You have decided you need to feed your bees. Maybe you just installed a package in a new hive, and they have to build out all of the frames. Maybe you just moved a hive to a new location and you want to give them a boost. Maybe you caught a late season swarm and they need help to be ready for winter.
Whether you are feeding dry sugar, candyboards, or syrup (with or without DIY Healthy Honeybee), it is important to choose the correct sugar. Choosing the wrong sugar can make your bees very sick and result in poisoning or nosema. So, which one should you use?
Reminder: Don’t feed with honey supers on. Instead of honey, you’ll end up with sugar water!
Types of Sugar
Granulated sugar or white sugar
White sugar is, chemically speaking, pure sucrose. Why is this significant? Because nectar is predominantly sucrose (with some fructose, glucose and trace minerals). White sugar, also called granulated sugar or table sugar, is the most similar to nectar that we have available. Therefore, white sugar should be your choice in feeding bees.
Cane or beet sugar
Both cane and beet sugars are pure sucrose, so both are appropriate for bees. Yes, sugar beets are a GMO product, however, GMO affects a plants protein, which sucrose is not. Therefore, cane and beet sugar are both chemically identical.
Although organic sugar can be fed, a 2009 study showed that organic sugar has a higher ash content than cane sugar (0.03% ash in cane sugar vs 0.20% ash in organic). Although these numbers seem insignificant, bees are able to digest the lower ash sugar more easily. Therefore, organic sugar should not be a first choice.
Sugar cubes are pure granulated sugar, with no caking agents. Therefore, they can be fed to bees.
Confectioners sugar, or powdered sugar, cannot be fed to bees. Though it is safe to use as a mite dusting powder, it contains 3% cornstarch which is why it should not be fed.
Drivert sugar is a dry fondant sugar that has been agglomerated with 8% invert sugar. Invert sugar is a mix of glucose and fructose created by heating pure sugar (sucrose) with water. In simple terms, it is 92% pure sugar (sucrose) with 8% glucose/fructose in powder form.
Evaporated cane juice
Evaporated cane juice results in a product with more nutrients than white sugar. Although this sounds like a good thing, the remaining nutrients can result in dysentery.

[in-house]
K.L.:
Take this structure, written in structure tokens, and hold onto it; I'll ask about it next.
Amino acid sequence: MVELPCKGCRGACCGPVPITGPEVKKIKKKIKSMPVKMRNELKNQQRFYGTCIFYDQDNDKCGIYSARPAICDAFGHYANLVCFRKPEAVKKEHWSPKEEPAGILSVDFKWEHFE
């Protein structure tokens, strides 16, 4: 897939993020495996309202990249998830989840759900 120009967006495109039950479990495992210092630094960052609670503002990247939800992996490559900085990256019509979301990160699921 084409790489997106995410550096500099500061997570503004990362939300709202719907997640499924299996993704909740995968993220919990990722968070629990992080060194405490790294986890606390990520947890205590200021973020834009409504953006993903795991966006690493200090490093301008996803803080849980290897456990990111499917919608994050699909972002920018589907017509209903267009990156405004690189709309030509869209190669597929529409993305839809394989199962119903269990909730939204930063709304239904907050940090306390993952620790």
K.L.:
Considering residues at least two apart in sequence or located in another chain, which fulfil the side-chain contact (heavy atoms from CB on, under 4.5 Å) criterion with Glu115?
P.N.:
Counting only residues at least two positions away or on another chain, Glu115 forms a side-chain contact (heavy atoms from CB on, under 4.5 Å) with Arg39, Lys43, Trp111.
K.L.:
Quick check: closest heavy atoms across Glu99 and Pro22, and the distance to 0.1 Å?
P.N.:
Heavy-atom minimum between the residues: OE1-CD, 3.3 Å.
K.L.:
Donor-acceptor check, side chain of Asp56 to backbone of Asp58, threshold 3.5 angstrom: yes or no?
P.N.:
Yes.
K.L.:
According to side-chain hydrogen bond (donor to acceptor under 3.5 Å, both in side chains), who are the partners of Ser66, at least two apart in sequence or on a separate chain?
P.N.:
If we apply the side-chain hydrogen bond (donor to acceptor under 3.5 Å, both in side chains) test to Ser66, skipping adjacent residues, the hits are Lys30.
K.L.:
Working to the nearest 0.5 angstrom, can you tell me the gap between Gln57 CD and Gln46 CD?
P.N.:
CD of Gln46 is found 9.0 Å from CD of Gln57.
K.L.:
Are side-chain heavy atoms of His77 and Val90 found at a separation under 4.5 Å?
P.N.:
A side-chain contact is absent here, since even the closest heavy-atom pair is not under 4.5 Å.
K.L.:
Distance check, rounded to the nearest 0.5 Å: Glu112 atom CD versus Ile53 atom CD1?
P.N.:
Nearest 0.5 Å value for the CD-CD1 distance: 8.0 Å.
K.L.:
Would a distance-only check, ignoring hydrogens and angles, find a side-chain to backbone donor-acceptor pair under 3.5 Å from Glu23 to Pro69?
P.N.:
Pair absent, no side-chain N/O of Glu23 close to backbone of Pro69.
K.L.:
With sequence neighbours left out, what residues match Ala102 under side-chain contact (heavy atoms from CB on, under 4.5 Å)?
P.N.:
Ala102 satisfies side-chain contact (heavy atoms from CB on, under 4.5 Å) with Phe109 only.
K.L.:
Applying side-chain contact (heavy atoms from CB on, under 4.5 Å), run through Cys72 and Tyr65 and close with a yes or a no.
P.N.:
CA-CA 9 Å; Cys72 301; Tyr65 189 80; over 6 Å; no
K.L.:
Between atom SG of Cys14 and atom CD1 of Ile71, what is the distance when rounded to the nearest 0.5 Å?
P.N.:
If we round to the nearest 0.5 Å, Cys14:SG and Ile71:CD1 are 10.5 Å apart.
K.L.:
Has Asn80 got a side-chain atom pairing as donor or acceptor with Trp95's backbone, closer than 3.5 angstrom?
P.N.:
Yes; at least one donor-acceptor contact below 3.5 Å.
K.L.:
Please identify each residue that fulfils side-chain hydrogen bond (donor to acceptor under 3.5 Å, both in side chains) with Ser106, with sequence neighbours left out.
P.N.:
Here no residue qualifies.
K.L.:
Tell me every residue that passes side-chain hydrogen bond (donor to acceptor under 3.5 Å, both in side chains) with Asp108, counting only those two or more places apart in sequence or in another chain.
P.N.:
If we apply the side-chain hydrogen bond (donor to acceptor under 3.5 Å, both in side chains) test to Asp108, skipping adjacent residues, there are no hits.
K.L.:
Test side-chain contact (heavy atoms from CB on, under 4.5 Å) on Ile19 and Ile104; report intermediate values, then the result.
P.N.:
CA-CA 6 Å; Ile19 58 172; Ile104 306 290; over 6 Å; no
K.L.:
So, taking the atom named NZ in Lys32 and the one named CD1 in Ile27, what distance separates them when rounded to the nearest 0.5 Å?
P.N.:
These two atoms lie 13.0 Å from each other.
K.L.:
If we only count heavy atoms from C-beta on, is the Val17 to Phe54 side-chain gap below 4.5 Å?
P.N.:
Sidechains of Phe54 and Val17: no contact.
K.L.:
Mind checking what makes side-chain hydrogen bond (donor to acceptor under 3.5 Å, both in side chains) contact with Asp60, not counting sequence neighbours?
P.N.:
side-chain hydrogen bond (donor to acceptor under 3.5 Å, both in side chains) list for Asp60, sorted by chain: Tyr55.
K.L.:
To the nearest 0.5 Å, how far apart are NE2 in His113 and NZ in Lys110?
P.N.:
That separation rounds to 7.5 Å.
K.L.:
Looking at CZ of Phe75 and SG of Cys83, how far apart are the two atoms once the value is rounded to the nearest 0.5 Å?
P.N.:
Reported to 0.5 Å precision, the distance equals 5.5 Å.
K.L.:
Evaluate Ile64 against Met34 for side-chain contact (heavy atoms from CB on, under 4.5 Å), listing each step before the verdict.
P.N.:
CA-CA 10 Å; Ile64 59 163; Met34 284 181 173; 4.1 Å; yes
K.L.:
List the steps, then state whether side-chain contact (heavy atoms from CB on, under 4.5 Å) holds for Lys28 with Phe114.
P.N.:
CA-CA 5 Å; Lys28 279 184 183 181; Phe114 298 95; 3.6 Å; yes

Brown sugar is white sugar with up to 10% molasses added. The high percentage of molasses in brown sugar, both light, and dark varieties, means it should not be fed to bees.
Turbinado sugar is a large grain, brown colored sugar. As with many other sugars, the brown color is from molasses, and should not be fed to bees.
Demerara sugar is another large grain brown sugar. Again, it should not be fed to bees because of the molasses.
Raw sugar is minimally or unrefined white sugar, which has a small amount of molasses to give it the golden color. Raw sugar is unlikely to have enough molasses to negatively impact bees and is safe to feed. Due to the higher cost than white sugar, without any particular benefit, white sugar should still be the first choice.
Coconut and Palm sugar
Coconut and palm sugars are sap sugars high in mineral content and only 70-80% sucrose, and for these reasons should not be fed to bees.
Although stevia tastes sweet, it is a glycoside byproduct of pressing the leaves. Since it contains no sucrose, it is not appropriate for bees.
Xylitol, sorbitol, and Mannitol are sugar alcohols, and which are poisonous and not to be fed to bees.
Sucralose, such as Splenda ® , is a chlorinated from of sucrose, where the chemical structure is changed. It is very different than sucrose, and should never be fed to bees.
Saccharin, commonly known as Sweet ‘N Low ® is a synthetic derivative of coal tar. It should go without saying, it should not be fed to bees.
Aspartame, sold as Equal ® or Nutrasweet ®, are synthetic sweeteners that are not suitable for bees.
What about high fructose corn syrup, agave nectar, or maple syrup?
High fructose corn syrup (HFCS) is often fed to bees in the commercial application. HFCS is made by processing corn which results in a product that is predominantly fructose and dextrose. HFCS is often considered equal to cane sugar (sucrose) as bee feed. Be mindful, however, that the corn used to create HFCS could contain neonicotinoids, and that HFCS contains no sucrose.
Agave nectar and maple syrup, being derivatives of the plants sap, should not be fed to bees.